Finns start on budget talks, again

EPA/MAURI RATILAINEN

on 12 March 2016, thousands of people gathered to protest the government's proposed austerity measures, budget and funding cuts and to demand that everyone be provided with a adequate livelihood in Helsinki, Finland.

Finns start on budget talks, again


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Finland’s three-party centre-right government will resume budget discussions on August 8 about whether to cut housing benefits and lower the low and middle-income family daycare fees. The budget talks are expected to result in proposals to change Finland’s tax rates.

As reported by YLE Finland, the country’s unions demanded tax relief for earnings-related income after the austerity-minded government’s hard-won “competitiveness pact” to reduce unit labour costs became a reality, imposing a wage freeze, 24 hours of more work annually and reduced salaries for public sector employees.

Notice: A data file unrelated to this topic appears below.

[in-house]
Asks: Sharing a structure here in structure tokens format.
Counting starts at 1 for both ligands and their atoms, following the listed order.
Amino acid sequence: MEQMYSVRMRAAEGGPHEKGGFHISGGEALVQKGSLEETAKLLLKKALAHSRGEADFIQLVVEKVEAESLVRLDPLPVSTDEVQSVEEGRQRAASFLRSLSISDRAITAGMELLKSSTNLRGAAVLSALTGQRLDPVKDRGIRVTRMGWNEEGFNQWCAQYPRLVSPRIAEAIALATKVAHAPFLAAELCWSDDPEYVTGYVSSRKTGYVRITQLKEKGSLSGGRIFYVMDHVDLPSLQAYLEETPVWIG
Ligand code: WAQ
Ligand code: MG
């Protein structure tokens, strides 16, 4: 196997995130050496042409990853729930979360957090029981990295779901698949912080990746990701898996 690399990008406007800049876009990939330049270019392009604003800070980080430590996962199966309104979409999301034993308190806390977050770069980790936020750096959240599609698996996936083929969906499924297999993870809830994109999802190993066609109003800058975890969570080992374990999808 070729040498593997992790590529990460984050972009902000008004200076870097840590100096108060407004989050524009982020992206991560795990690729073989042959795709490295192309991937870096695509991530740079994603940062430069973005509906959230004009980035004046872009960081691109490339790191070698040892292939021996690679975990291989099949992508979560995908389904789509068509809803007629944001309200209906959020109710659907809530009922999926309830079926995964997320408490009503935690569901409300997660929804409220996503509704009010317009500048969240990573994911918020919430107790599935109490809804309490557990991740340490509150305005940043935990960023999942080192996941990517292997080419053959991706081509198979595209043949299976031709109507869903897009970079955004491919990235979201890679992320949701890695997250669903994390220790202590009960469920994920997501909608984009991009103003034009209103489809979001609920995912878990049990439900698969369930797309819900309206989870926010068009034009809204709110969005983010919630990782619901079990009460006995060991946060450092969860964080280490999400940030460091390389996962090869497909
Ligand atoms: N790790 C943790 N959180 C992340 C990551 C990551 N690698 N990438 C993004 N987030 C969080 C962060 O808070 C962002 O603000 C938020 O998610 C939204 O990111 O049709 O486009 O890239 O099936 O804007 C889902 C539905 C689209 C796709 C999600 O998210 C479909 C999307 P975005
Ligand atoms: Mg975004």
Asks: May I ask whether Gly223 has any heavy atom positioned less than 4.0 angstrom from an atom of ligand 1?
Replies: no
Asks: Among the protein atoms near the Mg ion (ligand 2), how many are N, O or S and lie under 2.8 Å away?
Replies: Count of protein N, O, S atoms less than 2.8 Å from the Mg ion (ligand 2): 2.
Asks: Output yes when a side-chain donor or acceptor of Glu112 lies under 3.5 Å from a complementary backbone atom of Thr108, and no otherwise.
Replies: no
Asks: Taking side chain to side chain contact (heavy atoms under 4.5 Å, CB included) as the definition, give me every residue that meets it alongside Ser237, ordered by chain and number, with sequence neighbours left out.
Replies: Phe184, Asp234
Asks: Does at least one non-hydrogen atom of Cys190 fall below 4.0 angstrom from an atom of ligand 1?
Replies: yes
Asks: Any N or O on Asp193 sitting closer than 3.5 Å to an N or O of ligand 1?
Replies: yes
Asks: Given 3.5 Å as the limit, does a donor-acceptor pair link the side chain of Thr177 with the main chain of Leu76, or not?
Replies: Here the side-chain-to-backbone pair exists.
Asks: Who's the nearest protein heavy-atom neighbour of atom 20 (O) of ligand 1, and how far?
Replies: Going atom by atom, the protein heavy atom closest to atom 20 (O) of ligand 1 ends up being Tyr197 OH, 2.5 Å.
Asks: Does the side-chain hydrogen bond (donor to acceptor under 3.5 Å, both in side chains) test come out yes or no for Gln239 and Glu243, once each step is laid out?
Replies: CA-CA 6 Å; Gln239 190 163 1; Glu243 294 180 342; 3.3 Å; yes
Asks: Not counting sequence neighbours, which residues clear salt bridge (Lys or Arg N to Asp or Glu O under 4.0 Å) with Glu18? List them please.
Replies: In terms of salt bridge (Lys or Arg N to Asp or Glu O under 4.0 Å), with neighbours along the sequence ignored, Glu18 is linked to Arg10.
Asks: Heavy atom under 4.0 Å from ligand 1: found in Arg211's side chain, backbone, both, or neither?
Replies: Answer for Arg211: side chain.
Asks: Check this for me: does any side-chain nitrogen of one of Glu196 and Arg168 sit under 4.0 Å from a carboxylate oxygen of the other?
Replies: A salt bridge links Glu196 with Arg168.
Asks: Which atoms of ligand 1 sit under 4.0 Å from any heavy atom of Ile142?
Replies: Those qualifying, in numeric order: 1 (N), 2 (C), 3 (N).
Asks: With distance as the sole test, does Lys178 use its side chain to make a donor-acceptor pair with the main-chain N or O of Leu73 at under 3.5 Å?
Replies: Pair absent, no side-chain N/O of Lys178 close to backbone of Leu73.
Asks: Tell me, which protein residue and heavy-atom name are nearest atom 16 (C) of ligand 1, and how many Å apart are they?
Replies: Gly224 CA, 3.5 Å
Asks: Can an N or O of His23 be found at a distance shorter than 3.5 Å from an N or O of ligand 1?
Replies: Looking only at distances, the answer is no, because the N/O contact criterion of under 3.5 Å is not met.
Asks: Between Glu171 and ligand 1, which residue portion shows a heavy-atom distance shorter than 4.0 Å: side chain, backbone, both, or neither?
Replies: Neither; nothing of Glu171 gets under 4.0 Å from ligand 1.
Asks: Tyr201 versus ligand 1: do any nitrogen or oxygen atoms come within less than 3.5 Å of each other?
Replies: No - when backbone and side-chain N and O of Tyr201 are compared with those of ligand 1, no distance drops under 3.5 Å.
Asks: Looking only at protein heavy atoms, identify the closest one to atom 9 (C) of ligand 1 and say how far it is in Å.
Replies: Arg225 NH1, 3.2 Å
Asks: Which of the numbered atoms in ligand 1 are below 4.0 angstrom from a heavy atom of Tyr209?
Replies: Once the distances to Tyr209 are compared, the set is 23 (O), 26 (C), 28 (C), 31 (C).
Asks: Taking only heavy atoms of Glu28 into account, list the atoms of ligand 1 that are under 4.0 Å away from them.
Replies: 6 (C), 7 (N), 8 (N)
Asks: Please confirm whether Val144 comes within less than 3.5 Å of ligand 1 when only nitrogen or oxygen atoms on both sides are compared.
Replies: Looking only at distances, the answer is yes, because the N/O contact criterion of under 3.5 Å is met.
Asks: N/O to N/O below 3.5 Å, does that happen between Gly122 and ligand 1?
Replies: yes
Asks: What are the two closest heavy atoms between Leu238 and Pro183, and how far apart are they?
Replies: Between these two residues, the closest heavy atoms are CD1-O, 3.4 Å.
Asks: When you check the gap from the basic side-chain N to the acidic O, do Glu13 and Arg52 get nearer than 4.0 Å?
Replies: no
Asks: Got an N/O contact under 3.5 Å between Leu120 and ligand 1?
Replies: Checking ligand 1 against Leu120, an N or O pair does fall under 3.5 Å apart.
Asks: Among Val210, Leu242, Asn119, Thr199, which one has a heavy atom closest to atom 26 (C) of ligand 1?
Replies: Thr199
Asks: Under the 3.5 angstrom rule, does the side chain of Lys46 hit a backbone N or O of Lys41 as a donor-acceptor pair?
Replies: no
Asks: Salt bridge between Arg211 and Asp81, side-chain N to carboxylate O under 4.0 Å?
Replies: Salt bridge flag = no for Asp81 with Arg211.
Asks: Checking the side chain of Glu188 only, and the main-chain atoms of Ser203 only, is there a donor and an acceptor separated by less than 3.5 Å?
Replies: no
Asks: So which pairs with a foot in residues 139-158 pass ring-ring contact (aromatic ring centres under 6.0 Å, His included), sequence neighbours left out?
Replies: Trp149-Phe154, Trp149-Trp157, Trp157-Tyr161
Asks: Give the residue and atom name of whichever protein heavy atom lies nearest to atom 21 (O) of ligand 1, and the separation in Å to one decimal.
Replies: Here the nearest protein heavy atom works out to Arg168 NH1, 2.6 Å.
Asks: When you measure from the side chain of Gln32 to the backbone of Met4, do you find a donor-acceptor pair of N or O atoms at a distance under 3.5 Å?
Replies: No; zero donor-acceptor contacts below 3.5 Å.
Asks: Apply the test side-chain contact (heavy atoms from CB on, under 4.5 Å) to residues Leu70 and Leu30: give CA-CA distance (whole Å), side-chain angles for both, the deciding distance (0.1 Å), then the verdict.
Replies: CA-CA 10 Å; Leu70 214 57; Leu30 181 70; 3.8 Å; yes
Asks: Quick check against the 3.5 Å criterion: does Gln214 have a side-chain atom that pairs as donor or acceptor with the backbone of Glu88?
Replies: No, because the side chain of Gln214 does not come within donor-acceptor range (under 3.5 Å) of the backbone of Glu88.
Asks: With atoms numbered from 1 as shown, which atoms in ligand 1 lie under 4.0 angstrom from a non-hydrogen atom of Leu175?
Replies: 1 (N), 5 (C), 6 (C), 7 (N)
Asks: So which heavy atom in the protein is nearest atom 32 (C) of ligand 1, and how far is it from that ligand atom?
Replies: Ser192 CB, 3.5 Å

Finland’s labour organisations argue that the pact has also resulted in higher pension and social insurance contributions for employees, and therefore the loss to their purchasing power should be compensated for with lower income tax rates.

Erkki Virtanen, former head of the employment and economy ministry, has warned serious structural cuts are necessary for Finland to straighten its finances.

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